For a truly tiny bathroom, a pedestal sink may be the better choice to save space since there is no cabinetry beneath. However, a floating vanity can work with proper planning, and you gain storage. Consider your needs, the existing layout, and clearances required.

What type of flooring is best for small bathrooms?

Porcelain or ceramic tile flooring withstands the humidity in bathrooms and has a sleek, seamless look. Use large tiles with small grout lines to avoid a crowded feeling. Neutral tones help lighten the space. Mosaic tiles can make floors appear busy.

How much space do you need for a stand up shower?

The absolute minimum size for a shower is 36 by 36 inches. For comfortable changing space, look for shower dimensions of at least 48 inches long by 36 inches deep—or larger if possible. Glass doors save space versus curtains.

How do you layout a master bathroom?

Separate the wet zone (shower, tub, toilet) from the dry vanity area if possible. Use floating vanities, narrow partitions, and pocket doors to delineate areas without closing off the space. Add a spacious walk-in closet, dual sinks, compartmentalized storage, and a private water closet for the toilet if the master bath is large.


While a small bathroom under 100 square feet presents certain layout and storage challenges, it can absolutely be designed to hold all the necessary fixtures and feel open, inviting, and easy to navigate. Clever space-saving tricks like floating vanities, compact toilets, multipurpose furniture, and wall-mounted storage are key. Arrange fixtures efficiently and maximize natural light to expand the feel of the room. With careful planning and strategic use of every inch, you can transform a tiny bath into a comfortable, beautiful oasis. The inspiring examples here showcase how even a footprint under 100 square feet can accommodate a shower, toilet, sink, storage, and style.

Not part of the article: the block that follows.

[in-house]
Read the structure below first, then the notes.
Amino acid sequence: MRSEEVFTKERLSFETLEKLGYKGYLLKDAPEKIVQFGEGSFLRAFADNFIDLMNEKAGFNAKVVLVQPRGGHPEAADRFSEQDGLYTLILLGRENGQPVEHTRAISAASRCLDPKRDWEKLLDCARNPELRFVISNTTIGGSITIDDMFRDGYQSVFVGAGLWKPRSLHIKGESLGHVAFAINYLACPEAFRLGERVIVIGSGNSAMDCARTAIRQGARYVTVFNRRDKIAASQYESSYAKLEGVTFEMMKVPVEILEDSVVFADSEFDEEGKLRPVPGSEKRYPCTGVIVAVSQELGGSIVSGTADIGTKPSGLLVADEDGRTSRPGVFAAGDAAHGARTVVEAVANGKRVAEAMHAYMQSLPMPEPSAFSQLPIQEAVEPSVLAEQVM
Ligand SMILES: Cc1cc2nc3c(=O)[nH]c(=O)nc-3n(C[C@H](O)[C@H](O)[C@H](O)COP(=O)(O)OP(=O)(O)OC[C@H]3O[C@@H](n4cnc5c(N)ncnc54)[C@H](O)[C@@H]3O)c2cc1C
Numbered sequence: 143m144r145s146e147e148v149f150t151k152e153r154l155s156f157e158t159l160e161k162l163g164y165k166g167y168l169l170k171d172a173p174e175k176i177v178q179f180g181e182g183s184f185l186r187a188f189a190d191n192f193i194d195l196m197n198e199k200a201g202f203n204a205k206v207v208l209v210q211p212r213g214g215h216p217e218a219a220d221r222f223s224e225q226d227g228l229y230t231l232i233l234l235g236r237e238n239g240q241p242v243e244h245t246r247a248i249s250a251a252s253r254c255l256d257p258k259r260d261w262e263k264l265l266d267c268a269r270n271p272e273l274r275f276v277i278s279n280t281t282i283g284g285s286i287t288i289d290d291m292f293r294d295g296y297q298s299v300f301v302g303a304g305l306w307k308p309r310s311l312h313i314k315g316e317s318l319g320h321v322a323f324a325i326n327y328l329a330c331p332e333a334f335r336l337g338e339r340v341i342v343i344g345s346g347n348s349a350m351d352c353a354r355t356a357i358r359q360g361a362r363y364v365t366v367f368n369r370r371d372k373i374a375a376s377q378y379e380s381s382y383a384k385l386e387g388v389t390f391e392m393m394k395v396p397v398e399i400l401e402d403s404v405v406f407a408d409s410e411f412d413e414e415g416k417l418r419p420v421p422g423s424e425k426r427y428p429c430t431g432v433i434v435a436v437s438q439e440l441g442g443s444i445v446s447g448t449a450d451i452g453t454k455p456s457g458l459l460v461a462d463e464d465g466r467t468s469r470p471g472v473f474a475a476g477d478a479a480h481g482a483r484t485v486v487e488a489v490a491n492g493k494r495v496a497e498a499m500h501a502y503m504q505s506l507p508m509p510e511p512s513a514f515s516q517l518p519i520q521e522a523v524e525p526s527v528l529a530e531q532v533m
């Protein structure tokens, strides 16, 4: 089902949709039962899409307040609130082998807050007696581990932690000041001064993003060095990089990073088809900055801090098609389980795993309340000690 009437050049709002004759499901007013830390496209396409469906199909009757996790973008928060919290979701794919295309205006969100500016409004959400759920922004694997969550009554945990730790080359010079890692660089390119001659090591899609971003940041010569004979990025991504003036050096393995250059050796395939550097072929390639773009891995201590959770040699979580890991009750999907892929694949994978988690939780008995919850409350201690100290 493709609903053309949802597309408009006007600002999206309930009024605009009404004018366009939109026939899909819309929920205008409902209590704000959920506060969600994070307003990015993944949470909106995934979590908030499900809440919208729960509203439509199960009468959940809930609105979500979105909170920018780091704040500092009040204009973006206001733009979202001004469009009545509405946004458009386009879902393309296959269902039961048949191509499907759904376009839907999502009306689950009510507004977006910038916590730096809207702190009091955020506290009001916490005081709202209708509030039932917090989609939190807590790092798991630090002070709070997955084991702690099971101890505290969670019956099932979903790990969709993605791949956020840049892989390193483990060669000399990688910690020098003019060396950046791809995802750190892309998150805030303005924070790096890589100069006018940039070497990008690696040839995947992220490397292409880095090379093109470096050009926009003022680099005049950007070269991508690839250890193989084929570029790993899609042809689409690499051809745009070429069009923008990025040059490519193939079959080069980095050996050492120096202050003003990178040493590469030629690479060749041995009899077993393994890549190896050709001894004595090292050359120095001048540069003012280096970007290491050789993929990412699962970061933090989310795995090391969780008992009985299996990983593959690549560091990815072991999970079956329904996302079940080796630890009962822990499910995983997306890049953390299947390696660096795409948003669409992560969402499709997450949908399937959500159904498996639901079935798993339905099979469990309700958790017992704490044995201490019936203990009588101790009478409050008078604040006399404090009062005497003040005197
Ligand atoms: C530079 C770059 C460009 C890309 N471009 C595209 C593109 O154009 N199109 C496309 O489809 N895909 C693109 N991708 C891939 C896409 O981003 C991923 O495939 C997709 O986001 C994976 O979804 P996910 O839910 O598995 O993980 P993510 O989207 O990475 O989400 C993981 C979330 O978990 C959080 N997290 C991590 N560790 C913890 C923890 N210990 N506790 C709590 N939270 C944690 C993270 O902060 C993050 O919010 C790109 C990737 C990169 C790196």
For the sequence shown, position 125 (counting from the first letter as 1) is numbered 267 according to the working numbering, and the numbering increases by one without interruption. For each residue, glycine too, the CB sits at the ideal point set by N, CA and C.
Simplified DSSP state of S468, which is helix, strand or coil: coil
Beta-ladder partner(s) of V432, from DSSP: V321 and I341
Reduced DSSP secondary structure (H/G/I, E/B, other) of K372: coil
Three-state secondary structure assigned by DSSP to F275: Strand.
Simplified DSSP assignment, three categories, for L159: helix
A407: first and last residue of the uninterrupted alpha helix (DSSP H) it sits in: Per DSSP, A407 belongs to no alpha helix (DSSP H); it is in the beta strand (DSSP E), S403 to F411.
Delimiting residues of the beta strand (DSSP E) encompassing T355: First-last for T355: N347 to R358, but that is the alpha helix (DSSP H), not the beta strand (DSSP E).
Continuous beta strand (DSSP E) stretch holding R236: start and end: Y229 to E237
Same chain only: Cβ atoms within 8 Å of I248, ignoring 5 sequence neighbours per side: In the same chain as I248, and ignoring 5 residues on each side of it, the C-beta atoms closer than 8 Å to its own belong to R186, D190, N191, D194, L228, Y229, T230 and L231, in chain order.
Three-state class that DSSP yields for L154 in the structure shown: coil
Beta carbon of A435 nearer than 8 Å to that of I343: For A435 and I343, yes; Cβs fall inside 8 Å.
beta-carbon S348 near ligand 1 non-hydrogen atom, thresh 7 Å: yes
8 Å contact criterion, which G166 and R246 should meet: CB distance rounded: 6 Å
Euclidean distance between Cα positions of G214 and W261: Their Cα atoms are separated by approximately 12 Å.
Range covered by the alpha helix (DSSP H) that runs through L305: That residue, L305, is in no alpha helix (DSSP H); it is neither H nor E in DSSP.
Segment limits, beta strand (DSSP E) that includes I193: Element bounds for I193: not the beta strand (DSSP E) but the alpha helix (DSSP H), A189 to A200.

See How 8 Bathrooms Fit Everything Into About 100 Square Feet

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Choose Space-Saving Fixtures and Features

Selecting the right fixtures and features is key to maximizing every inch in a tiny bathroom. Consider the following space-saving options to open up floor area:

Corner Showers

Tuck a corner shower into an unused area instead of an alcove or tub shower. The smaller footprint leaves more room for other fixtures.

Compact Toilets

New compact elongated toilets fit in a smaller rough-in space but offer the comfort of an elongated bowl.